Monday, December 21, 2009
I suspect it is the legacy of the geography teachers in my family (my mother and my grandfather) that always makes me want to know where I am on the map. This is especially true for new locations.
When I moved to Maplewood this summer, I automatically assumed that New York City was in the same direction as the train station 2 miles from here. Then, I started to take the bus, because it is just two blocks from where I live. It seemed to go in the opposite direction than the train, and the twists and turns that it takes on the way to the city got me really confused. After 6 months, I still hadn’t figured it out.
NJT Bus 107, South Orange - NYC Port Authority
Maplewood Train Station, waiting for the "Midtown Direct" to Penn Station NYC
When I got home yesterday afternoon, the sun catchers in the windows of the music room were sparkling in the light of the setting sun. The windows face in the direction of the train station. Suddenly, I had a revelation.
The sunset illuminates the music room, and the sunrise illuminates the kitchen - something must be wrong with the map in my mind.
The house on Peachtree Road - the upstairs windows belong to the music room
This morning I was sitting at the breakfast table in the kitchen, drawing a map of the world as I see it, and finally things started to fall into place.
View from the Kitchen window at sunrise
Figuring it out by yourself is so much more fun than looking at a real map. In fact, I had looked at a “real map” before, but I could never get it to match the image I had in my mind.
It occurred to me that I figure out pieces of music in a similar way. Of course, I can “scan” the piece through and find the parts that constitute a form “rationally” - exposition, 1st and 2nd subject, development, recapitulation. But it is not the same kind of revelation as playing different sections of the piece back to back - a way of practicing that I recommend often - and suddenly realizing through the sound, by way of my senses “Oh yes, this IS the second subject,”.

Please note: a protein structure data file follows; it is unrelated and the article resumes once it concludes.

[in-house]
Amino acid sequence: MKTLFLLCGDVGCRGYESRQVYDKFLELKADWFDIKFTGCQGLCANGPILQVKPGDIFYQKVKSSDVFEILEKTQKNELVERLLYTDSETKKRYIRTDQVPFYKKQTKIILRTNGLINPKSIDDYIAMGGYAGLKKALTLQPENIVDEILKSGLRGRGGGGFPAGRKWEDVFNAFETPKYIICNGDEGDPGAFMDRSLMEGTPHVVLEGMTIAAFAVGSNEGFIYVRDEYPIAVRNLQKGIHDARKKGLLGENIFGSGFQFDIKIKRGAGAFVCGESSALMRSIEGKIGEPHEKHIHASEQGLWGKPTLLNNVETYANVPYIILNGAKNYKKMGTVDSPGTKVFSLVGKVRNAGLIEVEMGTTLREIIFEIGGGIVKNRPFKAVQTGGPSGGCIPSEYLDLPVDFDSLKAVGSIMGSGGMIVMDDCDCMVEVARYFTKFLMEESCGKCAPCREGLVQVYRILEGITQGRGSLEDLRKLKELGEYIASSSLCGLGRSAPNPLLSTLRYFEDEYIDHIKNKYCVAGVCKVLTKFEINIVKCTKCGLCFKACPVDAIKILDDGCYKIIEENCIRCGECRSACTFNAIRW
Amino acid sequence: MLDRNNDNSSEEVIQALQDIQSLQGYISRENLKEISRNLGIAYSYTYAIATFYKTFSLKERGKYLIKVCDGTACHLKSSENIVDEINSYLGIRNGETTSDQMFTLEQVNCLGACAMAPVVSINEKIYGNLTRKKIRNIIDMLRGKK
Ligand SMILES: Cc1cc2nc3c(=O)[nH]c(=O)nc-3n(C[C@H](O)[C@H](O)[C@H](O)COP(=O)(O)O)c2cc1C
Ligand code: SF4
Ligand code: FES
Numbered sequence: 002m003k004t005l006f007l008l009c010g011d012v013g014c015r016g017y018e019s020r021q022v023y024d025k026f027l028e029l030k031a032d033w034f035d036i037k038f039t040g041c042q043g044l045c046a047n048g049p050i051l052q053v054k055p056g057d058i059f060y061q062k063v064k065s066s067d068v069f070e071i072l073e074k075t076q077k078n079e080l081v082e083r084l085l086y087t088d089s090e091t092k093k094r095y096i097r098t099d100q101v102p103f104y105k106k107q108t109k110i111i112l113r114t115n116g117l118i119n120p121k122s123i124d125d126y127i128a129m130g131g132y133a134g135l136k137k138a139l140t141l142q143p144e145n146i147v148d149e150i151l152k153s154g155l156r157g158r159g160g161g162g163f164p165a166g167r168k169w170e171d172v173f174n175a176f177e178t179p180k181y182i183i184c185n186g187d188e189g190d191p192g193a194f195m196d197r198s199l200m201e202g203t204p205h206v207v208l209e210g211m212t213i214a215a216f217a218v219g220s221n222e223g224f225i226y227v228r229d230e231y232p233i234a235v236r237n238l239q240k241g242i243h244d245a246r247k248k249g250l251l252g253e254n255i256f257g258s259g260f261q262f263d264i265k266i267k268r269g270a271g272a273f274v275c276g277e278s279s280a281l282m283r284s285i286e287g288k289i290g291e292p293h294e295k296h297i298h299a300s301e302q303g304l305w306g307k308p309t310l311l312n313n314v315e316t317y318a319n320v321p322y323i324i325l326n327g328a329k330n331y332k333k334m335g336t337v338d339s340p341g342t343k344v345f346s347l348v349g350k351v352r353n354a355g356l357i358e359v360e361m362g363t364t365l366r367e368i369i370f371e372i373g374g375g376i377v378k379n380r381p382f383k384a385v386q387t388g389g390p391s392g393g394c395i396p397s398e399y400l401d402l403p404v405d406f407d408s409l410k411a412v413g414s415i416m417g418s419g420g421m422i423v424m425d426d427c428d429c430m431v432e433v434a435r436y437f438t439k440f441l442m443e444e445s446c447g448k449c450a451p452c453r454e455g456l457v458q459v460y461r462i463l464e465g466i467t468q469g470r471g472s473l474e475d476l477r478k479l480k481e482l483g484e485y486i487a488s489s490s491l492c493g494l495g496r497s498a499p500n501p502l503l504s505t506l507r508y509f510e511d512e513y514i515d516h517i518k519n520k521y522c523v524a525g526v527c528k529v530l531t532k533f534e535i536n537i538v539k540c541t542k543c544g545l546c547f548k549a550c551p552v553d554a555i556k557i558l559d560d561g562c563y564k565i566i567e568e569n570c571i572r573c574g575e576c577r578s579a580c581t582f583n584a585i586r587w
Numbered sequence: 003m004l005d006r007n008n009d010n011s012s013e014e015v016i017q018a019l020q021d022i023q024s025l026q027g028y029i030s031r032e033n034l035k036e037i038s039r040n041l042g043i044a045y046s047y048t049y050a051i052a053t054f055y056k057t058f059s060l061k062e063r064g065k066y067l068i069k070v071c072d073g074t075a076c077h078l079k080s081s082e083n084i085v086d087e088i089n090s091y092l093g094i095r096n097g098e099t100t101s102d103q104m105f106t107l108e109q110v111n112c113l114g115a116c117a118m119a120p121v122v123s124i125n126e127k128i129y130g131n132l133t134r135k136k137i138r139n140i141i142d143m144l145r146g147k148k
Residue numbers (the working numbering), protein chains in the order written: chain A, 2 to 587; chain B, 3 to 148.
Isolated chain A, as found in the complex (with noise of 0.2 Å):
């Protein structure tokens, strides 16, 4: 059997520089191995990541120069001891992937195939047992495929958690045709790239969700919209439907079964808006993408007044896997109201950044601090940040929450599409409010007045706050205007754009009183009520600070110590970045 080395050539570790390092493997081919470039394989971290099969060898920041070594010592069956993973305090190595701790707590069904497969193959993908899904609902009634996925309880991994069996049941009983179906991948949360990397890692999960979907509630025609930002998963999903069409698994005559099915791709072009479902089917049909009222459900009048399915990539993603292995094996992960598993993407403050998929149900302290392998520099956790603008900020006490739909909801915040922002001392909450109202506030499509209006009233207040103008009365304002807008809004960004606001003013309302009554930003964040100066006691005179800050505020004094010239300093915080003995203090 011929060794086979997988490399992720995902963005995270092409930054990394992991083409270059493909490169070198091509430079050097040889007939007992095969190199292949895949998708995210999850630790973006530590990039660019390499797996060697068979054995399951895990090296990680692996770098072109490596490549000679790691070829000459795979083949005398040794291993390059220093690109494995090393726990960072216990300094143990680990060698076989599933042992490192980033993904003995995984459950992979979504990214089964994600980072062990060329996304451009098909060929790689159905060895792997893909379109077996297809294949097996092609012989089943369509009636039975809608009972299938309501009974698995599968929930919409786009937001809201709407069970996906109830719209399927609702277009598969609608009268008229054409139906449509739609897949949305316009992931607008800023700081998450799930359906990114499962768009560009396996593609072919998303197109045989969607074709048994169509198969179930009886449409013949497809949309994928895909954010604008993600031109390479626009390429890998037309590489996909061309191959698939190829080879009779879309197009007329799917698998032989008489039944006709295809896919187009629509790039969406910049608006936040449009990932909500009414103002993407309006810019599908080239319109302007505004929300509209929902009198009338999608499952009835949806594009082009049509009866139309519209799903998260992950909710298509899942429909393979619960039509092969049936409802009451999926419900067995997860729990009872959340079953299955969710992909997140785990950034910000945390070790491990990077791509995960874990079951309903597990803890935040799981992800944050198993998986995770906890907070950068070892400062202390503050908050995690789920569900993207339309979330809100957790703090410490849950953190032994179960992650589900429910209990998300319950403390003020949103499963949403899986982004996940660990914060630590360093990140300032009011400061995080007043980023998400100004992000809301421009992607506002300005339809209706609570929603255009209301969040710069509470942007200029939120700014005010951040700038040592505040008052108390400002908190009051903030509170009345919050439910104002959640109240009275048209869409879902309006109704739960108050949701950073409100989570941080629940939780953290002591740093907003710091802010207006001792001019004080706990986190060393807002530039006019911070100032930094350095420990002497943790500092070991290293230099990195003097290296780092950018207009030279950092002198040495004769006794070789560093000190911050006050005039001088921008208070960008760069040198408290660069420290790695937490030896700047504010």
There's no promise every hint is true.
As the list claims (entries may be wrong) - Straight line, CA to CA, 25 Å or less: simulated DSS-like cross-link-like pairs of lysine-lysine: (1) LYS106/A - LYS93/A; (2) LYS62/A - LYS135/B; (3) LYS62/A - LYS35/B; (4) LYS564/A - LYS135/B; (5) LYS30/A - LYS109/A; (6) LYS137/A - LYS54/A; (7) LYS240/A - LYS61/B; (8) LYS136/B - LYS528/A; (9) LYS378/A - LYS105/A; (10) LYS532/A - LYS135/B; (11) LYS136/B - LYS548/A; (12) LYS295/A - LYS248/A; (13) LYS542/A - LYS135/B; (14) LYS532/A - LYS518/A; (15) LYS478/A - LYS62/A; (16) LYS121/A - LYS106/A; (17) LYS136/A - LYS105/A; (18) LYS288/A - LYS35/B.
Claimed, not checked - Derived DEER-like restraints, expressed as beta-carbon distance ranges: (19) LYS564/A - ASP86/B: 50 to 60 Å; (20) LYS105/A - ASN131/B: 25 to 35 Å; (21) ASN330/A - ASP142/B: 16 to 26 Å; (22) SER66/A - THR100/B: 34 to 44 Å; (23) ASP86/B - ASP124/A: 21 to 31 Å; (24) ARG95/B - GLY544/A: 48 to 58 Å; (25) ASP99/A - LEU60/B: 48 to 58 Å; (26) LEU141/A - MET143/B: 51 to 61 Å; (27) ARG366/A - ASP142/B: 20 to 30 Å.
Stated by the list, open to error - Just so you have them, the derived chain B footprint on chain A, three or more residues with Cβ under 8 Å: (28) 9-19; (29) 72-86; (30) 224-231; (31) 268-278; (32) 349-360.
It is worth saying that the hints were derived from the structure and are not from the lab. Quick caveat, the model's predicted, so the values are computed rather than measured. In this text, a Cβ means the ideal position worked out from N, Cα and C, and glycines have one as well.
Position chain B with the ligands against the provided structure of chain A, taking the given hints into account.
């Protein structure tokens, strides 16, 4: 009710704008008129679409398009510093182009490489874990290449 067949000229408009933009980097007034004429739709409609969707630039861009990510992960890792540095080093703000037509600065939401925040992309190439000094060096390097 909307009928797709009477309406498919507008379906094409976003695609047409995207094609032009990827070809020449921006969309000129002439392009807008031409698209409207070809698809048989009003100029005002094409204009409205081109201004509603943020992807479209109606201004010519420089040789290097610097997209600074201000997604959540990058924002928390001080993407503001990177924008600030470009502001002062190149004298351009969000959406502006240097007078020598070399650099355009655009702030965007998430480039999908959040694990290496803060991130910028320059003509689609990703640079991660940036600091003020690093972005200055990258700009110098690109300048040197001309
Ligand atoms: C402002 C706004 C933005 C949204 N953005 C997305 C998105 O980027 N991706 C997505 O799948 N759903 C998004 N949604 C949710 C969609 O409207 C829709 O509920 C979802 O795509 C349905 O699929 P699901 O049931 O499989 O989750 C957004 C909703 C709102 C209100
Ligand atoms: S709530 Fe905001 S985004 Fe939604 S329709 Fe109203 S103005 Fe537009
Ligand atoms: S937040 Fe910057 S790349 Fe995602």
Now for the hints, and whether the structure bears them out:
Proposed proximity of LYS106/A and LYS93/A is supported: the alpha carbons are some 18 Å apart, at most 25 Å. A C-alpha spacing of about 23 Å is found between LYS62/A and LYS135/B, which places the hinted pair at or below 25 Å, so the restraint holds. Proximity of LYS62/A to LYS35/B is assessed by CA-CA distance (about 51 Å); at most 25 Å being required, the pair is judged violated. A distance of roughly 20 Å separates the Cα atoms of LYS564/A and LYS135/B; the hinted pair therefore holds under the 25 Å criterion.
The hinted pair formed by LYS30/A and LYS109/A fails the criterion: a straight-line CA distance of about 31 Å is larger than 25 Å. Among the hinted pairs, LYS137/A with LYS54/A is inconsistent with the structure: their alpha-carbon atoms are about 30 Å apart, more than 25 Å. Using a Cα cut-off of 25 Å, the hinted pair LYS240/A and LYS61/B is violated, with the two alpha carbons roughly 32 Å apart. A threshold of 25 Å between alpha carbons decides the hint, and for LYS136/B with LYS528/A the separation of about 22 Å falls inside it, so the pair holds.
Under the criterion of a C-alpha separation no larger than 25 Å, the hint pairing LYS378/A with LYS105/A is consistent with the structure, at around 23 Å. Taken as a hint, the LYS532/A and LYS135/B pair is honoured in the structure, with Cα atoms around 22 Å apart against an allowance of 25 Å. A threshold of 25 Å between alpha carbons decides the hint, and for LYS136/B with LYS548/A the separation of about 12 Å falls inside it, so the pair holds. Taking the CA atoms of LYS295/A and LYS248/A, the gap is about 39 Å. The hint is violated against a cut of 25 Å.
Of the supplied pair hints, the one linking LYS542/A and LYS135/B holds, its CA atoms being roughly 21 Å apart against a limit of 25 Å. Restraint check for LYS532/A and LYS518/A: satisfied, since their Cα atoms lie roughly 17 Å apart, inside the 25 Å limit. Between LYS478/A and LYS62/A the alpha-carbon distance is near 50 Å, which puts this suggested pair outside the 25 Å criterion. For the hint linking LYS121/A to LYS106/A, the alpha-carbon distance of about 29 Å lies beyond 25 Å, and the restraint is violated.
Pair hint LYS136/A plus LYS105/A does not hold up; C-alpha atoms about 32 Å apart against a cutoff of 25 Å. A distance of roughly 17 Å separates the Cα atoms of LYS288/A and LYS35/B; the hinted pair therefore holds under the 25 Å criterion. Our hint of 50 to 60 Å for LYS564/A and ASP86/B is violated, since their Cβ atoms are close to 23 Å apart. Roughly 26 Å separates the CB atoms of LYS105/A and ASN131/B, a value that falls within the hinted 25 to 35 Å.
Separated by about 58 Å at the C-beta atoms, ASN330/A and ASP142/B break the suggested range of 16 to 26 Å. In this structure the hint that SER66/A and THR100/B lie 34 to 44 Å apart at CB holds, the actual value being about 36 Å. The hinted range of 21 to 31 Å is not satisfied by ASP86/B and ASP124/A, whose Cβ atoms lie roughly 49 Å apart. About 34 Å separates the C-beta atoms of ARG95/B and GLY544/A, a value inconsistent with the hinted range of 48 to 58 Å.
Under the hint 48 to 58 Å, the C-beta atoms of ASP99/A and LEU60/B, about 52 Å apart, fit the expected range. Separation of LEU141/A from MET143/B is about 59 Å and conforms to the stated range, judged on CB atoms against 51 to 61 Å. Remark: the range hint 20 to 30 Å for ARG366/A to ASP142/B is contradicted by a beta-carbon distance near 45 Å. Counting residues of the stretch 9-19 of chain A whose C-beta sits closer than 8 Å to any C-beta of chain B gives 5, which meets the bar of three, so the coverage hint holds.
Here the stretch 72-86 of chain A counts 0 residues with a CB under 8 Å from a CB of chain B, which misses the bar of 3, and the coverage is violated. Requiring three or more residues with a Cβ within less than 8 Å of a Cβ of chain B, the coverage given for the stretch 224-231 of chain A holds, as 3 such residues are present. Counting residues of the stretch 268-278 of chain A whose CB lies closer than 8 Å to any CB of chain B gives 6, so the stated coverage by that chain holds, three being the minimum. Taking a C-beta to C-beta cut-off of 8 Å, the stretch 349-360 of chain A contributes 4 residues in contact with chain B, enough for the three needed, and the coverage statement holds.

Not knowing where you are is worse than knowing you’re in the wrong place, they say. So, my New Year’s wish for everybody including myself is that we will always know where we are, and if we find ourselves in the wrong place, we’ll use that knowledge in order to get moving in a more promising direction.
Sunday, December 6, 2009
“How the hell can I top this,” said Orson Welles in the movie “Me and Orson Welles” as the audience was cheering after a spectacular performance of Shakespeare’ s Julius Caesar. I sensed a trace of the post-performance-blues in his remark, and felt in good company.
The recital last Tuesday went very well. People came to listen and stayed, even though the room was cold and competition was tough, with the President speaking on TV at 8.
I felt connected to the music and to the audience while I was playing. Lots of enthusiastic feedback afterwards. Mary Mann’s article on Maplewood Patch, with photographs and a video, gave me unexpected publicity. http://maplewood.patch.com/articles/german-pianist-makes-maplewood-her-home
The next day brought the familiar sensation that it’s all over. You’ve been on the top of the mountain, and now you have to go back down.
My first practice session after the concert consisted of note reading, figuring out fingerings, hand divisions, memorizing. It was disillusioning compared to the effortlessness I had achieved with the concert program at last. There was a moment before the recital last week when I was longing to play something different. Now, the excitement had its limits.
The day after I performed Beethoven’s Sonata op.111 for the first time, I had felt as if I had been run over by a truck. I didn’t even have the energy to practice. I went for a walk and stopped by at the drug store, where I found “Pillow Pets” for sale. I purchased a pink elephant, called it “op.111” to commemorate the occasion, put him on the sofa and called it a day.
Cappuccina and "op.111"
This time, not only did I have the energy to practice, I had the energy to tackle the laundry. I call that progress. Nevertheless, the encounter with the prosaic reality of the laundromat was depressing.
In need of a reward, I took myself to the movies. I ended up in “Me and Orson Welles”, a portrait of the young Orson Welles and the world of the theater in New York of the 1930-s. www.meandorsonwellesthemovie.com I enjoyed the movie. What really turned the day around, though, was the surprise encore. While the audience was still applauding, three people got up and went to the front. Christian McKay, the actor who plays Orson Welles in the movie, was in the theater and gave a live interview.
It’s comforting to know that even very ordinary days hold the potential of pleasant surprises.
Christian McKay at the Movie Theater at Lincoln Center